Monday, December 19, 2022

Garuda and the Metaphysics of Death and Rebirth

Vishnu and Lakshmi on Garuda

(12th century sculpture)

A major difference between Hinduism and the Semitic religions is in the area of the metaphysics of death and rebirth. In Semitic religions death is permanent—when an individual dies, his soul goes to heaven or hell, depending on his deeds, and there it resides till eternity. In Hinduism, death is not permanent. After serving in the world of afterlife, a dead man’s soul returns to the land of the living. The process of birth and rebirth is eternal, and all beings, even the supreme sages and Gods, are subject to it. 

Every year, Hindus observe Pitru Paksha for a fortnight—the word “pitru” means ancestors and “paksha” means fortnight. The sixteen days of Pitru Paksha fall on the 2nd fortnight of the Hindu lunar month of Bhadrapada (September). In this period, Hindus perform rituals to venerate and feed the souls of their dead ancestors. It is the metaphysics of death and rebirth that drives these rituals—the living believe that by performing these rituals they will facilitate a quick return (rebirth) of their dead ancestors from the land of the dead. 

The metaphysics of death and rebirth, and the custom of observing Pitru Paksha is one of the oldest features of Hinduism—these religious and philosophical ideas were developed in the Vedic Age, about 4000 years ago, and are explicated in the Garuda Purana, which is one of the major Puranas of Hinduism. Most historians believe that the Garuda Purana was systematized between the seventh and ninth centuries CE, but the religious and philosophical knowledge contained in this text is to a large extent of Vedic origin.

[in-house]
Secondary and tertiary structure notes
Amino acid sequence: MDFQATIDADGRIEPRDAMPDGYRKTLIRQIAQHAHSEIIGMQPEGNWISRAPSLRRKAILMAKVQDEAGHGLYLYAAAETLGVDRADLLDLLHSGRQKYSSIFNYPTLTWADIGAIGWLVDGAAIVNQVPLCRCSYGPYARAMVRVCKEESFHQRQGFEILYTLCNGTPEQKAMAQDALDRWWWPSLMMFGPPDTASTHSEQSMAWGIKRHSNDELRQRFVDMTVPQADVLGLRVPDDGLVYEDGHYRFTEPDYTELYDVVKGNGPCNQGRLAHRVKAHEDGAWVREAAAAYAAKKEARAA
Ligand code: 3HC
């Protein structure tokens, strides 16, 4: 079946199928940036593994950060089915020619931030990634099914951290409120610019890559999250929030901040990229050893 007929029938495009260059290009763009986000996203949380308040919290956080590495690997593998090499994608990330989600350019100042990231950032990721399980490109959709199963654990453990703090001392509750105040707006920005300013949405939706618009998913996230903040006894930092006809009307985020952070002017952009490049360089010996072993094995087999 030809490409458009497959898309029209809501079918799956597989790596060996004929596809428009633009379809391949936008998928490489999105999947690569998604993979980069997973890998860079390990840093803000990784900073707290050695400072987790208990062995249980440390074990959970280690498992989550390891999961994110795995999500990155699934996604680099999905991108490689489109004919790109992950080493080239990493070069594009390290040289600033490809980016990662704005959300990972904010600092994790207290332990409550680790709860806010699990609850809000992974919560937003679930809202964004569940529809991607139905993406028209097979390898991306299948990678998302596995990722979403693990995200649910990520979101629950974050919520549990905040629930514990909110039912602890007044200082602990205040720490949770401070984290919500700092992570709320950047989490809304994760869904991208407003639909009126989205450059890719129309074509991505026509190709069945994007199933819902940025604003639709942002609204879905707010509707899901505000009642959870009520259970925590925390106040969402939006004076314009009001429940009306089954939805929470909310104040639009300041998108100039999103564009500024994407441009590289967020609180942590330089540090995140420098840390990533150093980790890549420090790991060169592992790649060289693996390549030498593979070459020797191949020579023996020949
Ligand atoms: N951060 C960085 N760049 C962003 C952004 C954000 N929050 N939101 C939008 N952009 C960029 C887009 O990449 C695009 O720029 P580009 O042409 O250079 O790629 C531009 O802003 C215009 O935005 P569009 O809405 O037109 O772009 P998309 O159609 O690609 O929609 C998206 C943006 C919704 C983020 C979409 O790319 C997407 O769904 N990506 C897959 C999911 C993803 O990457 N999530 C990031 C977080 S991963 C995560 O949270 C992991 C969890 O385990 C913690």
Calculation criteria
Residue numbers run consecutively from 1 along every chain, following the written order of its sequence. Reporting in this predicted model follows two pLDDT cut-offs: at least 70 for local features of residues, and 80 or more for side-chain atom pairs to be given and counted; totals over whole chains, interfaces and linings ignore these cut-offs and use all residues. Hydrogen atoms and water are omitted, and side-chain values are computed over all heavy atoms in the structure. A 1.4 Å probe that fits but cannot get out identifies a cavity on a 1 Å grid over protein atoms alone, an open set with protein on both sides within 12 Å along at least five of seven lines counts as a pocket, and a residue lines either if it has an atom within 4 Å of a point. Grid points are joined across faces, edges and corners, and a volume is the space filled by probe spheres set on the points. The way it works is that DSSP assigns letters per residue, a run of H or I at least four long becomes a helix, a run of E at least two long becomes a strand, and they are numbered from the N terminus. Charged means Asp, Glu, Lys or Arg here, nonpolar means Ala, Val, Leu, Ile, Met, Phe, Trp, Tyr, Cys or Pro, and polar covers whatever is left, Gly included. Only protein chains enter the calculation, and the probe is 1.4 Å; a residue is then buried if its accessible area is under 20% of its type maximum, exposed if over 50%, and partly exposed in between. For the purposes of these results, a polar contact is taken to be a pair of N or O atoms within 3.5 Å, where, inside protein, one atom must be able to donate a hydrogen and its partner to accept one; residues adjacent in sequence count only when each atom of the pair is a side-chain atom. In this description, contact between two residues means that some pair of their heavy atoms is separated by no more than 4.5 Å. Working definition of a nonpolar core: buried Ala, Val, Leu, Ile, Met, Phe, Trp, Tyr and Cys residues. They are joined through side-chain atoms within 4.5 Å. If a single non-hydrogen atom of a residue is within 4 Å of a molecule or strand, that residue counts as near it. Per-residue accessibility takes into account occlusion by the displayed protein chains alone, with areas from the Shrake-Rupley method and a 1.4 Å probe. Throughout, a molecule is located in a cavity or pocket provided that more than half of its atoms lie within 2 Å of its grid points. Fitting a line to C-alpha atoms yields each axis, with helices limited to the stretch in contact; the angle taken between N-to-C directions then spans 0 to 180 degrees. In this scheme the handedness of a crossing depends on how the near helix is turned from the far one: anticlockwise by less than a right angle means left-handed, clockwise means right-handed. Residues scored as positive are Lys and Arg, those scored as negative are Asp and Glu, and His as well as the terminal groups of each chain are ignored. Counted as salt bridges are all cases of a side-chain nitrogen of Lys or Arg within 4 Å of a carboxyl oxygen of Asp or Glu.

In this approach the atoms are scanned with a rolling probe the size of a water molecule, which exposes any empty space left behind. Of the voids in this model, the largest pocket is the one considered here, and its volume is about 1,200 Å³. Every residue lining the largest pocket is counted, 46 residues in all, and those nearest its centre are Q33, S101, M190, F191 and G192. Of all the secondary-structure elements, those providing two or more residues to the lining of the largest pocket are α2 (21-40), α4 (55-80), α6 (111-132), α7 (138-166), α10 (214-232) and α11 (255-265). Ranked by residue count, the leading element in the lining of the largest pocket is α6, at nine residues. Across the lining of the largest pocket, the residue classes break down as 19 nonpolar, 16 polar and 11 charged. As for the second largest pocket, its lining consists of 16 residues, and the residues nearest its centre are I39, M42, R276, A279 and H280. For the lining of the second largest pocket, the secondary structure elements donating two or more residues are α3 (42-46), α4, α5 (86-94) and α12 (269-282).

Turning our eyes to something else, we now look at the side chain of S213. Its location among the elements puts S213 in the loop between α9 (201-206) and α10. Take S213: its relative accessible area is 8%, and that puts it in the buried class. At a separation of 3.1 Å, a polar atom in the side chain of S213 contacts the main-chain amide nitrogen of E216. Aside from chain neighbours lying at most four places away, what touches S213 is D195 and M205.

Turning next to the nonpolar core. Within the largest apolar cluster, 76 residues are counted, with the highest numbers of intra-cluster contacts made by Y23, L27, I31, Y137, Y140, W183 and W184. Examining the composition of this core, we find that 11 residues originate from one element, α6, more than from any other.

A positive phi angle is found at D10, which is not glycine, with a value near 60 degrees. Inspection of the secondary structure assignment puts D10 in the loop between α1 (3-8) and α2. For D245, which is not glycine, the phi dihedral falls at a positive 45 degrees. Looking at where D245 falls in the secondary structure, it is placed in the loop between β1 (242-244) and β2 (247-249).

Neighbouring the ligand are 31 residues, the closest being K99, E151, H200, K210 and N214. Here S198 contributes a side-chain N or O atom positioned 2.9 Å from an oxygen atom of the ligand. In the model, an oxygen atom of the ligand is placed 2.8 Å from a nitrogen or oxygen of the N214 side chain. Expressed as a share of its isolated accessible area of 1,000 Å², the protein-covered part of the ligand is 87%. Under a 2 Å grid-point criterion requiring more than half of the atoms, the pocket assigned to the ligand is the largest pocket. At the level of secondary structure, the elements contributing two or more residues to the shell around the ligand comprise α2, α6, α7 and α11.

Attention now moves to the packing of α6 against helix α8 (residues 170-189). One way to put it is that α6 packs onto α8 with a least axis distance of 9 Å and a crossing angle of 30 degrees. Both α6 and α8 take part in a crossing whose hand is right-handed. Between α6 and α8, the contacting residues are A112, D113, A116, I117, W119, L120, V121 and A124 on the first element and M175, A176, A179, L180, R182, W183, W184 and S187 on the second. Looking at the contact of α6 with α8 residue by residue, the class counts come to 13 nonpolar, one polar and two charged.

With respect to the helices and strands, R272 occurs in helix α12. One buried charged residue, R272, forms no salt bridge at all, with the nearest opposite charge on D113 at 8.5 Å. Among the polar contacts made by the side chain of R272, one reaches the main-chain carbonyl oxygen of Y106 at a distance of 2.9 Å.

Garuda is the divine eagle who is more powerful than Indra and all the Devas. He is the vanquisher of nagas, and the mount of Lord Vishnu. He is capable of flying anywhere in the universe. He is full of wisdom and dharma. When he receives Amrita (the elixir of eternal life) after defeating Indra and the Devas, he does not drink it. He faithfully transports the Amrita to the right place, and ensures its eventual return to the Devas. He does not crave for power, wealth, and glory—he wants wisdom and knowledge. His desire for wisdom and knowledge is fulfilled by Vishnu. 

From Vishnu, Garuda learns about the metaphysics of death and rebirth, and what the living must do to ensure the happy rebirth of their dead ancestors. Garuda transmits this knowledge to his father Kashyapa Prajapati. Kashyapa taught this knowledge to Bhrigu, who taught it to Vasishtha. From Vasishtha this knowledge went to Parashara, who told it to Veda Vyasa. For the benefit of mankind, Vyasa compiled this knowledge in the text called Garuda Purana. During the observation of Pitru Paksha, it is a tradition to recite the verses from Garuda Purana.

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